Hundreds of files relating to contaminated blood were removed by Government officials and went missing, it has emerged.
A Government Internal Audit Agency (GIAA) investigation conducted last year following the start of the Infected Blood Inquiry found around 950 files relating to blood policy had been “checked out” by staff going back years.
The GIAA report has now been released under freedom of information laws to campaigner Jason Evans, whose father died in 1993 having contracted hepatitis and HIV.
The 29-year-old, who is suing the Government for negligence, said the removal of documents “probably goes back decades” and could form part of a Government cover-up.
The contaminated blood scandal has been labelled the worst treatment disaster in the history of the NHS. Thousands of patients were infected with HIV and hepatitis C by contaminated blood products in the 1970s and 1980s.
Many had haemophilia, a blood-clotting disorder, and relied on regular injections of clotting agent Factor VIII, which was made from pooling human blood plasma.
Britain was running low on supplies of Factor VIII so imported products from the US, where prison inmates and others were paid for giving blood.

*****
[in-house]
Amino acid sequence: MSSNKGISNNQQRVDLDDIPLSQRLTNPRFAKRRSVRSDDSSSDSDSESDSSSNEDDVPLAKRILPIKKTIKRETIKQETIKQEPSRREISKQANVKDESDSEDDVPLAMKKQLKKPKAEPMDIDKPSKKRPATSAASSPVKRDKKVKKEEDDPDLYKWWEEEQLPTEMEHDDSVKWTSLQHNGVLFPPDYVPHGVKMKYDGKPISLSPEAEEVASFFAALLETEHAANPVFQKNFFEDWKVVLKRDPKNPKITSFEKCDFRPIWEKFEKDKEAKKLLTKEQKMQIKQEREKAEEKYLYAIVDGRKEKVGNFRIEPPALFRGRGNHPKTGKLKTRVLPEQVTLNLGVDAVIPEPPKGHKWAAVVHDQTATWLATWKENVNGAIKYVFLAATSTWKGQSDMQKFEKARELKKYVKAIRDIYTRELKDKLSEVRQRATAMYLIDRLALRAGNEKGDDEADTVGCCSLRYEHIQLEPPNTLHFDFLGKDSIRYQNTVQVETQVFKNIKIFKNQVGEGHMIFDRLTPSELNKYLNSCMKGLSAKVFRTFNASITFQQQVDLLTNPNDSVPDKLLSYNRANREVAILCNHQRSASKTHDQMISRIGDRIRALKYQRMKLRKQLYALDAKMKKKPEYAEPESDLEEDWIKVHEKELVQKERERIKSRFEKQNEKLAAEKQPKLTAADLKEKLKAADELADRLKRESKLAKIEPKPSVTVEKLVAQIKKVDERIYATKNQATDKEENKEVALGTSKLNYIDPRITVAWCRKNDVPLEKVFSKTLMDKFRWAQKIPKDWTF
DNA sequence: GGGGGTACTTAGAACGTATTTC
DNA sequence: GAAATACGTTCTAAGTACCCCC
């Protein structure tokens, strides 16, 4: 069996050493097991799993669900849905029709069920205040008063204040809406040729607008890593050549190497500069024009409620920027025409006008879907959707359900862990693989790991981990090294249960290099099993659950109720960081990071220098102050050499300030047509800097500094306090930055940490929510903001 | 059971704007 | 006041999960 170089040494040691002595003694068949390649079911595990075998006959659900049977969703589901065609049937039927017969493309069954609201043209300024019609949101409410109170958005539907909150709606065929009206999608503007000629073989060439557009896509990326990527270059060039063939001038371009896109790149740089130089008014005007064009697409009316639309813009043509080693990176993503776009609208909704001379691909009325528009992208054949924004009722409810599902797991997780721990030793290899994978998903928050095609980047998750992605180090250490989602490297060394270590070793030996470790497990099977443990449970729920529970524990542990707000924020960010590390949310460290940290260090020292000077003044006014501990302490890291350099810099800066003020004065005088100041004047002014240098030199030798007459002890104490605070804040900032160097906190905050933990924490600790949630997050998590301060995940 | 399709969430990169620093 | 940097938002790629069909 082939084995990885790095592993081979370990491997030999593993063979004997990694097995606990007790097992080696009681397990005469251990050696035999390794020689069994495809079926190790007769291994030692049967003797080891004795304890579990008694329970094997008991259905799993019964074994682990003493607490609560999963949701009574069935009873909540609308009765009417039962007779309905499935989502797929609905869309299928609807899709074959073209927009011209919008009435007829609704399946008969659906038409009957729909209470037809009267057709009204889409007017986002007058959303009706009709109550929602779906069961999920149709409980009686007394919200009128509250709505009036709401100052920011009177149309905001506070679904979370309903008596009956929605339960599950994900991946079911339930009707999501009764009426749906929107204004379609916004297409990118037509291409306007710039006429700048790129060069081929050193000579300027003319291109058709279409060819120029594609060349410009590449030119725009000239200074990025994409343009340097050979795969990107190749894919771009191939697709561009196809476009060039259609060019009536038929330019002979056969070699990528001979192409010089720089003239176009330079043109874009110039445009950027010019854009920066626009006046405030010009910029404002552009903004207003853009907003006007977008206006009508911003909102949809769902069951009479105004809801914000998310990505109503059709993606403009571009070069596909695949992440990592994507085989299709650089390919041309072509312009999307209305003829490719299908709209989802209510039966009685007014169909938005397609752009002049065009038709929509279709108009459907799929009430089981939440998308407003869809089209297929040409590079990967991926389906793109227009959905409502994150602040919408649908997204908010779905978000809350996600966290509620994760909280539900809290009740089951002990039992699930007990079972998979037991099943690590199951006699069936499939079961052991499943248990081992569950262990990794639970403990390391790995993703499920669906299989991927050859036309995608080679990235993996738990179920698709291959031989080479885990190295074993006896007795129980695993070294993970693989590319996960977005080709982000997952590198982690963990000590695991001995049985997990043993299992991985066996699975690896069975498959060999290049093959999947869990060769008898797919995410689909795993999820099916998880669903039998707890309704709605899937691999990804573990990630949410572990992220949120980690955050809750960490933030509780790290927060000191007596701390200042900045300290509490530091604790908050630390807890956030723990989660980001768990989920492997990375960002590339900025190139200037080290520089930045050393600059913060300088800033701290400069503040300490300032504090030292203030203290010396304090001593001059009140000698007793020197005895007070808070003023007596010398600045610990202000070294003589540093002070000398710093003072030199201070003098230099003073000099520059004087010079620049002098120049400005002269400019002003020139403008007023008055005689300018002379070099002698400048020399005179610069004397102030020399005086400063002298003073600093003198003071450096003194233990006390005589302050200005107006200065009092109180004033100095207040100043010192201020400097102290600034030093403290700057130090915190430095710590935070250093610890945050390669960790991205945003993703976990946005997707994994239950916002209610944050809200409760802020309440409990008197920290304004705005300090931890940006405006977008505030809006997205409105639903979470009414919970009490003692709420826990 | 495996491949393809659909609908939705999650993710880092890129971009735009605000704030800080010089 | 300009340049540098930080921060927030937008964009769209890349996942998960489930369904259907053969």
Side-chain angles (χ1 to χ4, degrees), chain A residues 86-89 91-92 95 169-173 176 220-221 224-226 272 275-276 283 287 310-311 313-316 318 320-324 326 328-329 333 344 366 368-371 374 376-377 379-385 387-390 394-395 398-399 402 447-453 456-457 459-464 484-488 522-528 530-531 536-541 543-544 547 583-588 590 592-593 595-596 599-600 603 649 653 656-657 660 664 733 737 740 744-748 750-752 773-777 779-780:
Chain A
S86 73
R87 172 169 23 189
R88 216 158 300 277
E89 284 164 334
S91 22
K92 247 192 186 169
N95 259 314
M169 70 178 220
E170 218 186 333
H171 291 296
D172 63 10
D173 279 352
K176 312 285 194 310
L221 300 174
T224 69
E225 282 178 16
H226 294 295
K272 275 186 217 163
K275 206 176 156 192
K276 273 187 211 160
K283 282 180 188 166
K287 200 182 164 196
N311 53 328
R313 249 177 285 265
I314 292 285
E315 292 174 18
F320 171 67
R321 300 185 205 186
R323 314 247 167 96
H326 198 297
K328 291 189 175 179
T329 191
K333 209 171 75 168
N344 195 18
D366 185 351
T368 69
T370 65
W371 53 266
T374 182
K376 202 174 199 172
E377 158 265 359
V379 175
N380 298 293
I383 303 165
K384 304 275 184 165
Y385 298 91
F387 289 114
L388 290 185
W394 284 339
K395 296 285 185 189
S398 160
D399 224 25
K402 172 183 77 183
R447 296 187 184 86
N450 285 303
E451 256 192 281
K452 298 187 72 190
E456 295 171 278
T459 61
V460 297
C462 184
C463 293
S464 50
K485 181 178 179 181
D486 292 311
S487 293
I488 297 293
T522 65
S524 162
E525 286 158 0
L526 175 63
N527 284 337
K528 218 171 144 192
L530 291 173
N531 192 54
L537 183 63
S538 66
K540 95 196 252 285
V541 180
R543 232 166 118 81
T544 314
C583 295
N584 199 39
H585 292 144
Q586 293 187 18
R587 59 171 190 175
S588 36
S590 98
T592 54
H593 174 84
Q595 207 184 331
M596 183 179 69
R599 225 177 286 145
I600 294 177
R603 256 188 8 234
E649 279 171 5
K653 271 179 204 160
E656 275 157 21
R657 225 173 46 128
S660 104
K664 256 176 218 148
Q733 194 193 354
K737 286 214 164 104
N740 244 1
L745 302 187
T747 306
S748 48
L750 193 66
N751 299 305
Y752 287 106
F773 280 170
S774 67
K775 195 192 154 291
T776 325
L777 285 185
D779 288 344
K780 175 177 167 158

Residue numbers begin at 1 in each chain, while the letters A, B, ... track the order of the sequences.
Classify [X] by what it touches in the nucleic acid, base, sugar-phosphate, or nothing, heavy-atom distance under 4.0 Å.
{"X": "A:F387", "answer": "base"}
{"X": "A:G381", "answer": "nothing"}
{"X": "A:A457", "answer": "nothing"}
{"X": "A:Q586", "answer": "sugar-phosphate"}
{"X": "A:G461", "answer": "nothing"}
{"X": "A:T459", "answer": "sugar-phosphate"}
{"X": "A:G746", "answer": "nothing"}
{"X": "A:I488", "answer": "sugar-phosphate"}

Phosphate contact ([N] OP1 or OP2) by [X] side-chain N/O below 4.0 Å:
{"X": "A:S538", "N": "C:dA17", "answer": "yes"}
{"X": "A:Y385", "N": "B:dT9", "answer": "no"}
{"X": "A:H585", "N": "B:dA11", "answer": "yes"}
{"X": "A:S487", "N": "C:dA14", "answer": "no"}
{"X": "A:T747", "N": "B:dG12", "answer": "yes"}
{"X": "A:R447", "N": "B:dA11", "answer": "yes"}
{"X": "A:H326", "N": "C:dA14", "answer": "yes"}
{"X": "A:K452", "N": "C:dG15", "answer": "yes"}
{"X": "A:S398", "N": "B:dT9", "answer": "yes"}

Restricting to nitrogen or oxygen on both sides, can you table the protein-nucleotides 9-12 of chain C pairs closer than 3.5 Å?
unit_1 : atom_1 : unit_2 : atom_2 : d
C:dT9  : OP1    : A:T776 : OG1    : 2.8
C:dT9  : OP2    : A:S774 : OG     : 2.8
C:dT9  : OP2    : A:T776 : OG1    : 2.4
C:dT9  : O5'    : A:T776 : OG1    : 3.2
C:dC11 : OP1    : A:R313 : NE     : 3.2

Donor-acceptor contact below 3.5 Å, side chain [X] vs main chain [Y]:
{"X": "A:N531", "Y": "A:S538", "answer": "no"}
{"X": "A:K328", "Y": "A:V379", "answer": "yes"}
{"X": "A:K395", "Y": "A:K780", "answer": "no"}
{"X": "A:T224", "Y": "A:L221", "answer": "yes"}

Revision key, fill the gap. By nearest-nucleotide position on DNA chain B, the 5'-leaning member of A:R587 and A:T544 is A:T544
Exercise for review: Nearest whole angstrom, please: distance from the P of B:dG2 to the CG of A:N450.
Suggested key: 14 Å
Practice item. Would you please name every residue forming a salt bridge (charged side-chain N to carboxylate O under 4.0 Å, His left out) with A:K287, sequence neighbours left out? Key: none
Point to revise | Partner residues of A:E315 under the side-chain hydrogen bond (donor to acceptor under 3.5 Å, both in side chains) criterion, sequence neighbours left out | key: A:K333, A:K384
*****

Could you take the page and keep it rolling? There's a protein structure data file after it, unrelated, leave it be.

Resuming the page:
In September the first UK-wide probe, the Infected Blood Inquiry, heard that more than 25,000 people could have been affected.
The GIAA report released to Mr Evans and dated November 6, 2018, said almost 1,000 files relating to blood policy had been checked out by officials.
These included around 450 files checked out by Department of Health and Social Care (DHSC) staff and a further 500 by Department for Education workers.
It said: “DHSC staff can check out paper files they need from the archives, [they] should return these once finished.
“The records management (RM) team has identified that there are c.450 files relating to blood policy which have been checked out and not returned, and the RM team is currently working to recover these.
Mr Evans, who runs the campaign group Factor 8, said ministers have for years said that all papers relating to the scandal had been made public or had been destroyed.
“The undoubted question that arises now from victims and families is: why were the files removed, and was this part of a cover-up to prevent them knowing the full truth about what happened?” he added.